Sue has written her autobiography entitled Good, Better, Best: The Rags to Riches Story of the Upscale Resale Queen. It is truly a rags-to-riches story. She grew up poor, in fact at one time her family was homeless and sleeping in a park. Before she found – or more accurately, created – her dream job, she had been a hair stylist, mortuary beautician, and owned an all-woman painting company called “A Woman's Touch.” That was unusual for its time because it hired only women, offered flexible hours and, most importantly, kept the commitments it made to their customers.

 

In the 1990s, Sue got into the resale business, first as an employee then as an owner. With her first store, the Women's Closet Exchange, she revamped the resale model, gradually shifting from consignment to purchasing outright, only acquiring quality items in excellent condition, and designing the shop to look and feel like a boutique, not a second-hand store.

 

In 2014 came the big leap of faith: Sue and her daughters Laura and Diana opened The Vault Luxury Resale in Brentwood. They source clothing from major cities in the U.S. and Europe, specializing in “closet buys,” where they visit the homes of stylish women who have multiple closets filled with designer and high-end clothing and purchase what they deem sellable on the spot. Their approach to buying is not just purchasing but curating: Everything has to be up-to-date, in excellent condition, and be what their typical shoppers will want to buy.

 

The Vault has been wildly successful. The store itself is 7,000 square feet of luxury heritage brands, they experienced 40% growth in sales over last year, and recently added four new employees. `Sue estimates that they evaluate 1,000 items per day. They also give back, having donated over $100,000 to charities and are working on donating another $100,000.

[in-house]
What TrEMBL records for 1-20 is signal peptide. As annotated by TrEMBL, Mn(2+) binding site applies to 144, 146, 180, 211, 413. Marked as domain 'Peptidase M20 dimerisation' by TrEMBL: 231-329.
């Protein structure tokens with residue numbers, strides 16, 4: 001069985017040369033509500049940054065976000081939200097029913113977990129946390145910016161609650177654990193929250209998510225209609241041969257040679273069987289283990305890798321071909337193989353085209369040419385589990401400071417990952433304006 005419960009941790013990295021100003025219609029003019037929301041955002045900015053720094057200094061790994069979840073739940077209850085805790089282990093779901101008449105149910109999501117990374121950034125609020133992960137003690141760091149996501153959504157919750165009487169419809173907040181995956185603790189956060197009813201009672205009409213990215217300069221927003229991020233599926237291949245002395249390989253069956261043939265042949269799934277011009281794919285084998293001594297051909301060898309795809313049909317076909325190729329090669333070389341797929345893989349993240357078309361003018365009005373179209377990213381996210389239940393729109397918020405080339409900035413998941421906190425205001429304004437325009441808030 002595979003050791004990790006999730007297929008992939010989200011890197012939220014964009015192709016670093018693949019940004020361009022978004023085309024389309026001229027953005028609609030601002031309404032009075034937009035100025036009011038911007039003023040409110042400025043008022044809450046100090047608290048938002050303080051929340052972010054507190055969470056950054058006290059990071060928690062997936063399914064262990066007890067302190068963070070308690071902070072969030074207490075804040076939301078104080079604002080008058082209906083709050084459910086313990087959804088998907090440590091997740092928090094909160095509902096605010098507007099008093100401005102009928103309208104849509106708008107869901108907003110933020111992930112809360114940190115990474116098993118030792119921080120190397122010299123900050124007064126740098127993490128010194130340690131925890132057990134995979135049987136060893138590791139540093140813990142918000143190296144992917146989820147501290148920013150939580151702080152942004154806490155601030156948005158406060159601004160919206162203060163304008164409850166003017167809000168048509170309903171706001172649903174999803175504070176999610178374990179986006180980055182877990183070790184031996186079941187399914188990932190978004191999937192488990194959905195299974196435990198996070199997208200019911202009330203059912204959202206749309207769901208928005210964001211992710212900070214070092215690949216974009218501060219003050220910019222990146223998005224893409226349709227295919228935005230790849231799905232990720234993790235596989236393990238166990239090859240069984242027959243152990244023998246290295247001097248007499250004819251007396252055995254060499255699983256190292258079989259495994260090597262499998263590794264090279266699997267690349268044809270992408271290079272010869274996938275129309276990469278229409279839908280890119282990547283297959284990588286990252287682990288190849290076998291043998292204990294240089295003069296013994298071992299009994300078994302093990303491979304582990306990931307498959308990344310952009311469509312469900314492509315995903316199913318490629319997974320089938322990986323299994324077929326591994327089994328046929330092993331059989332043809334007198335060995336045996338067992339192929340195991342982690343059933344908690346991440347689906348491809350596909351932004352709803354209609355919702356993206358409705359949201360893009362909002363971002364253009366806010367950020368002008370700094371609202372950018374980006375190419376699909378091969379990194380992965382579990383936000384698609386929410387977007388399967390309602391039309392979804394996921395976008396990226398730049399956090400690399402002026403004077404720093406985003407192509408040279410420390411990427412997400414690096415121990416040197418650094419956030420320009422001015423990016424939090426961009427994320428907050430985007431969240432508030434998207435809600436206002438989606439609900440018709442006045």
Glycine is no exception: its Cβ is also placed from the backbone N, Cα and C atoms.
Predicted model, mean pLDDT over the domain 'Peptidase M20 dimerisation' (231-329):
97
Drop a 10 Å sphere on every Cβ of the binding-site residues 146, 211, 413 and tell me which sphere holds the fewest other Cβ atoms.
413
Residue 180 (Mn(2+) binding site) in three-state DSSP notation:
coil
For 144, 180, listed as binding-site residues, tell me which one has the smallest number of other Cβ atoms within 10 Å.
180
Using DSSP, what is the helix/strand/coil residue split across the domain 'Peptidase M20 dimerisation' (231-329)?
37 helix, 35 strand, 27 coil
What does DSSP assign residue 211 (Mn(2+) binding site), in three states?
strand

I recently had the opportunity to talk with Sue McCarthy and learn about her philosophy of fashion and her philosophy of doing business.

 

Her fashion philosophy may seem surprising coming from a style maven and boutique owner, but it is similar to what stylish women have been practicing for years. “The first word I would have to tell you is simplify. There is nothing more confusing than going to your closet and looking at 20 items and you can't decide. If you have items that you've never put it on, get rid of them. Monetize it in a good resale shop.” She also advised investing in basic pieces (LBD, black pants, black jacket) that are high quality and can be combined with a huge number of colorful tops, scarves and jewelry. If you have good quality basics, you can afford to play around with trendy accessories.

 

Speaking of trendy, Sue is adamant in saying, “Don't sell yourself to trends that do not work for you. Be true to who you are. Just because everyone is wearing something doesn't mean it's right for you. Wear what is comfortable and makes you feel good, because when you look in the mirror and you feel good, you're going to project that.”

 

Above all, she believes in treating people with honesty and integrity. If you make a promise, keep it and strive to do your best. She attributes this to her father's motto that she heard many times growing up: “Good, better, best. Never let it rest until the good is the better and the better is the best.” She says,”That motto would come to define my working ethos later in life. They are the words I lived by—and still do.

 

 

 

 

 

 

 

 

 

 

 

 

 

 

 

 

 

 

 

 

 

 

 

 

 

 

 

 

 

 

 

 

 

In Business and Life, Context is Crucial for Empowerment

By Erin Joy, Founder and CEO, Black Dress Partners

As a strategic business consultant, confidant, and advisor, much of what I do for my clients is help them cultivate a sense of empowerment. Why? Simply put, most “successful” people are empowered people. One of the primary reasons I conceived the Midwest Women Business Owners’ Conference, in fact, was to provide women business owners with the resources they need to become more empowered in business, and in life.

What does it mean to be empowered?

Empowerment is defined as the process of becoming stronger and more confident. It is derived from a specific context you give to situations and to life. Empowered people have very specific conversations with themselves; they frame things positively, take responsibility for (and believe they are responsible for) their actions, and have conversations with their network about what they want versus what they don’t want or why they can’t.